READ REFRESH VIA SIGNAL CALIBRATION FOR NON-VOLATILE MEMORIES

A processing device in a memory sub-system initiates read operations on each of a plurality of segments in a first region of the memory device during a first time interval, wherein at least a subset of the plurality of segments in the first region of the memory device are storing host data. The processing device further receives, as a result of at least one read operation, at least one data signal from a corresponding one of the plurality of segments in the first region of the memory device, and performs a signal calibration operation using the at least one data signal to synchronize one or more relevant signals with a reference clock signal used by the processing device.

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Description
TECHNICAL FIELD

Embodiments of the disclosure relate generally to memory sub-systems, and more specifically, relate to read refresh via signal calibration for non-volatile memories.

BACKGROUND

A memory sub-system can include one or more memory components that store data. The memory components can be, for example, non-volatile memory components and volatile memory components. In general, a host system can utilize a memory sub-system to store data at the memory components and to retrieve data from the memory components.

BRIEF DESCRIPTION OF THE DRAWINGS

The disclosure will be understood more fully from the detailed description given below and from the accompanying drawings of various embodiments of the disclosure. The drawings, however, should not be taken to limit the disclosure to the specific embodiments, but are for explanation and understanding only.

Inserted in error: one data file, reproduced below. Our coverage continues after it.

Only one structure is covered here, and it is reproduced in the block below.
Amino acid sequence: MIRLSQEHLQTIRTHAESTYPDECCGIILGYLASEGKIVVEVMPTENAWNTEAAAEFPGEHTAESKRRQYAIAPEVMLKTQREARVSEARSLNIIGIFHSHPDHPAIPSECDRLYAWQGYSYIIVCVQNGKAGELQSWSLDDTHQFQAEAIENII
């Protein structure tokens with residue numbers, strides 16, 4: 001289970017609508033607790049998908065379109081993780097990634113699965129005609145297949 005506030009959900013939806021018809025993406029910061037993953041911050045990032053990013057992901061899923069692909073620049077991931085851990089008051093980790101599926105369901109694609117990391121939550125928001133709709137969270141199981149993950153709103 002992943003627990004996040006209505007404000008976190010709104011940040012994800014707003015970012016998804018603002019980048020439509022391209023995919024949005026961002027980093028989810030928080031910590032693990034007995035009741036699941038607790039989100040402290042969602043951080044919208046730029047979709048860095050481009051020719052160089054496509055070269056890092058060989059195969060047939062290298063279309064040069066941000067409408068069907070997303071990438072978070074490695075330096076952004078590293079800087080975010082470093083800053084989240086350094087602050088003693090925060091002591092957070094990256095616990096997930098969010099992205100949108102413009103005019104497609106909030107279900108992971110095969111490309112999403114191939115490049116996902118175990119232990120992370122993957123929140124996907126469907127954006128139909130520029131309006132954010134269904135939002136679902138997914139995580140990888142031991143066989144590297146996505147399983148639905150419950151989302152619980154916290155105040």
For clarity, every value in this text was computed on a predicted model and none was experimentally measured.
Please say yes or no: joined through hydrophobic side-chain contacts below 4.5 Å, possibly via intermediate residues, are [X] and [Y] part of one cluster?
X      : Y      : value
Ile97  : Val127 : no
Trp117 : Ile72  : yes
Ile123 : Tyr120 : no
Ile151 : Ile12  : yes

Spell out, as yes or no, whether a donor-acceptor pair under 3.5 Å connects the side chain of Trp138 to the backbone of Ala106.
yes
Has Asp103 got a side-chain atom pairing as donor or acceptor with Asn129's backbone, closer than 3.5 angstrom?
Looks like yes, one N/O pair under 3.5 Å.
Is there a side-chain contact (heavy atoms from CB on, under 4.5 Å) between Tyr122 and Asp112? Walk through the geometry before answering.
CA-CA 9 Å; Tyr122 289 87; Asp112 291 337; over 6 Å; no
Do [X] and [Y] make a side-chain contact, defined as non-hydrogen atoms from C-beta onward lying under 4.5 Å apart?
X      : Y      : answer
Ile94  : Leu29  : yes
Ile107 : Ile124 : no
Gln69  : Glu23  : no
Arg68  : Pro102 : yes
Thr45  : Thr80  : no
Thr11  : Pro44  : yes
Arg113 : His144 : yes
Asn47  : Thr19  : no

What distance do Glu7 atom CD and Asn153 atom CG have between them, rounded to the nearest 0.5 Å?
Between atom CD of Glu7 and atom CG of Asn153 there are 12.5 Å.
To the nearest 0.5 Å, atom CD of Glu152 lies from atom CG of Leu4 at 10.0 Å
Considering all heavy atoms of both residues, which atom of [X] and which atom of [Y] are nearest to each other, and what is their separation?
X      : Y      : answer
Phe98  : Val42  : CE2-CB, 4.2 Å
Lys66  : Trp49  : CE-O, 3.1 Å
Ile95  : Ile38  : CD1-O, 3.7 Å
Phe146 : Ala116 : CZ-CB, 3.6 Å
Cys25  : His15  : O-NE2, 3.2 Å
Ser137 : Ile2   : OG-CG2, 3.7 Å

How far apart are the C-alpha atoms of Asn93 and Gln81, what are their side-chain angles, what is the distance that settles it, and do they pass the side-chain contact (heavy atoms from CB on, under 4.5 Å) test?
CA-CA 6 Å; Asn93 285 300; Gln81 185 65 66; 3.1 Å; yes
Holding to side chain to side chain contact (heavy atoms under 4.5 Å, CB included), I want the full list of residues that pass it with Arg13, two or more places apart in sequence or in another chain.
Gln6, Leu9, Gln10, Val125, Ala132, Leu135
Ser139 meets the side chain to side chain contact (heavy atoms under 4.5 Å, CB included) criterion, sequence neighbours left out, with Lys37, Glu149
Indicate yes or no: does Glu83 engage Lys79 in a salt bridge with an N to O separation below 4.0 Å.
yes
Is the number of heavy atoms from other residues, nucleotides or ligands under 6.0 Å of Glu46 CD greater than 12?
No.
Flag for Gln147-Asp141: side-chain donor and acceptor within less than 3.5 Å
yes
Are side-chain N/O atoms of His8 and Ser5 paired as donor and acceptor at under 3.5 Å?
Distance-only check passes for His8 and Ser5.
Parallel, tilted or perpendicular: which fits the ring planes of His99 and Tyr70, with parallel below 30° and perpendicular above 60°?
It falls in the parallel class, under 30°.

FIG. 1 illustrates an example computing environment that includes a memory sub-system in accordance with some embodiments of the present disclosure.

FIG. 2 is a block diagram illustrating operation of a memory sub-system controller performing read refresh via signal calibration for a memory device in accordance with some embodiments of the present disclosure.

FIG. 3 is a flow diagram of an example method of read refresh via signal calibration for a non-volatile memory device in accordance with some embodiments of the present disclosure.

FIG. 4 is a flow diagram of an example method of read refresh via signal calibration for a non-volatile memory device in accordance with some embodiments of the present disclosure.

FIG. 5 is a block diagram illustrating operation of a signal calibration component performing read refresh via signal calibration for a memory device in accordance with some embodiments of the present disclosure.

FIG. 6 is a block diagram of an example computer system in which embodiments of the present disclosure may operate.

DETAILED DESCRIPTION

Aspects of the present disclosure are directed to read refresh via signal calibration for non-volatile memories in a memory sub-system. A memory sub-system can be a storage device, a memory module, or a hybrid of a storage device and memory module. Examples of storage devices and memory modules are described below in conjunction with FIG. 1. In general, a host system can utilize a memory sub-system that includes one or more memory components, such as memory devices that store data. The host system can provide data to be stored at the memory sub-system and can request data to be retrieved from the memory sub-system.